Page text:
The National Union of Students (NUS) is launching a helpline for student activists “negatively impacted” by the government’s Prevent programme, calling the counter-terrorism strategy “racist” and “ineffective”.
Prevent aims to stop people becoming terrorists or supporting terrorism. The NUS has repeatedly spoken out against the programme, arguing that it should be scrapped by universities.
“The implementation of Prevent relies on racial profiling, making Muslim students in particular a common suspect. It is stifling students’ ability to organise politically, or practise their faith, for fear of referral,” NUS Vice President Shelly Asquith said.
The NUS claims that almost 4,000 people have been referred to Prevent in a year, most of whom were students or Muslims.
The helpline will offer union officers and student activists advice on how to “manage situations” where Prevent is used to stop events taking place or universities make changes to related policy.
Asquith added: “NUS is now taking an extra step to make sure students and students’ unions have somewhere to turn for immediate help if they are unfairly targeted and we will continue to call on the government to scrap this racist, ineffective strategy.”
The announcement comes ahead of a public meeting tonight, described on the Facebook page as an opportunity to “discuss more necessary next steps in the fight to defeat racist counter-terrorism policies, and to support the communities affected by them”.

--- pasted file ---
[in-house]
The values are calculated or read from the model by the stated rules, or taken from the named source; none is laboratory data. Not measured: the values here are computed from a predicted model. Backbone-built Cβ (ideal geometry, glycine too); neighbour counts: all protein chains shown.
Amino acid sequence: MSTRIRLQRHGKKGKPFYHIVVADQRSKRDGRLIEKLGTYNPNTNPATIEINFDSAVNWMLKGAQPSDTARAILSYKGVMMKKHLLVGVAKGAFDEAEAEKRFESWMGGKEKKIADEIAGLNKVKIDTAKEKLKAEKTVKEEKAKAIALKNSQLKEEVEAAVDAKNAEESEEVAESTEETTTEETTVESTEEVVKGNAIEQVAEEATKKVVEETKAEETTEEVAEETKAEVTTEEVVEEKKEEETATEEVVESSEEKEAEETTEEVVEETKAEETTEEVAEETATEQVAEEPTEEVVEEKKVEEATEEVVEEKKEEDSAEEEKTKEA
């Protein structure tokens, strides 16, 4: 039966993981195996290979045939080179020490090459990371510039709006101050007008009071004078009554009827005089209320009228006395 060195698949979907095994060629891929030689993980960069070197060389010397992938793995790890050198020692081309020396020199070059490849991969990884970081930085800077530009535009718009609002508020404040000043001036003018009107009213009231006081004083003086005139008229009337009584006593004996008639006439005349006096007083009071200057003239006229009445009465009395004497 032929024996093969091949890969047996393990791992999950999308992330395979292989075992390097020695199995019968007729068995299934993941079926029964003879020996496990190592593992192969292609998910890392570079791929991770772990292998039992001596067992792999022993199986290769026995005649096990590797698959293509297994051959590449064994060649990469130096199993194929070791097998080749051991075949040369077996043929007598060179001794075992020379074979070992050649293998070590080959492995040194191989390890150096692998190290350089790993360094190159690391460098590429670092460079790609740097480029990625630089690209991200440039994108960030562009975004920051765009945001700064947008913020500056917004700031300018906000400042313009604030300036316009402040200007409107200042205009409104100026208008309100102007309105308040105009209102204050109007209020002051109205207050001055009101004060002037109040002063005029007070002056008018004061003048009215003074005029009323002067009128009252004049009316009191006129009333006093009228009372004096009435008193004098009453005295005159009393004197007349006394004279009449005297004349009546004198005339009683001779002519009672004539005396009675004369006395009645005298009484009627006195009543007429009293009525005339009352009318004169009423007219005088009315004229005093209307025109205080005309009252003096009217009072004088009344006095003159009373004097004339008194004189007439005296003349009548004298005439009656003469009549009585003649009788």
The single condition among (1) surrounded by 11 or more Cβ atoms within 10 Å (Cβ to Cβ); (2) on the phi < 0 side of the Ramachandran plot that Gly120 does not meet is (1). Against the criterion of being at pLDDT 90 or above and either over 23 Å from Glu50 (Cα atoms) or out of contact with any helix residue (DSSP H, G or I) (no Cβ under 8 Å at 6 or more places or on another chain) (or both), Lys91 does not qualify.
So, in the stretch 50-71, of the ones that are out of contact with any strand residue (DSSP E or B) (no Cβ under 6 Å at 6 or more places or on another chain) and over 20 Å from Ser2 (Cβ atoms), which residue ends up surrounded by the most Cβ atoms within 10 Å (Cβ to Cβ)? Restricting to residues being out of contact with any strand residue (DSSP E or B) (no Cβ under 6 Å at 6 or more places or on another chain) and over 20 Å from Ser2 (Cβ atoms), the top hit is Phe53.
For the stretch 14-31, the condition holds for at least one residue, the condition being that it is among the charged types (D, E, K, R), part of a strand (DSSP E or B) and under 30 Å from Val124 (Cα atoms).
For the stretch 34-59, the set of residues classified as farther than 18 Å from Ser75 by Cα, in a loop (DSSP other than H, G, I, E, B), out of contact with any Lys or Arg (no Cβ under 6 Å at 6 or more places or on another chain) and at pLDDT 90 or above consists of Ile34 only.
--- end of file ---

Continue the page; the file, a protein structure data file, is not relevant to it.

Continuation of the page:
Shadow Home Secretary Diane Abbott, general secretary of the National Union of Teachers Kevin Courtney and NUS President Malia Bouattia are all set to speak at the event.
But the NUS has faced criticism in the past for its opposition to the government’s counter-terrorism policy.
In September 2015, Universities Minister Jo Johnson sent then NUS President Megan Dunn a letter urging the organisation to get behind Prevent.
“Universities represent an important arena for challenging extremist views. It is important there can be active challenge and debate on issues relating to counter-terrorism and provisions for academic freedom are part of the Prevent guidance for universities and colleges,” Johnson wrote.
“Ultimately, the Prevent strategy is about protecting people from radicalisation.”
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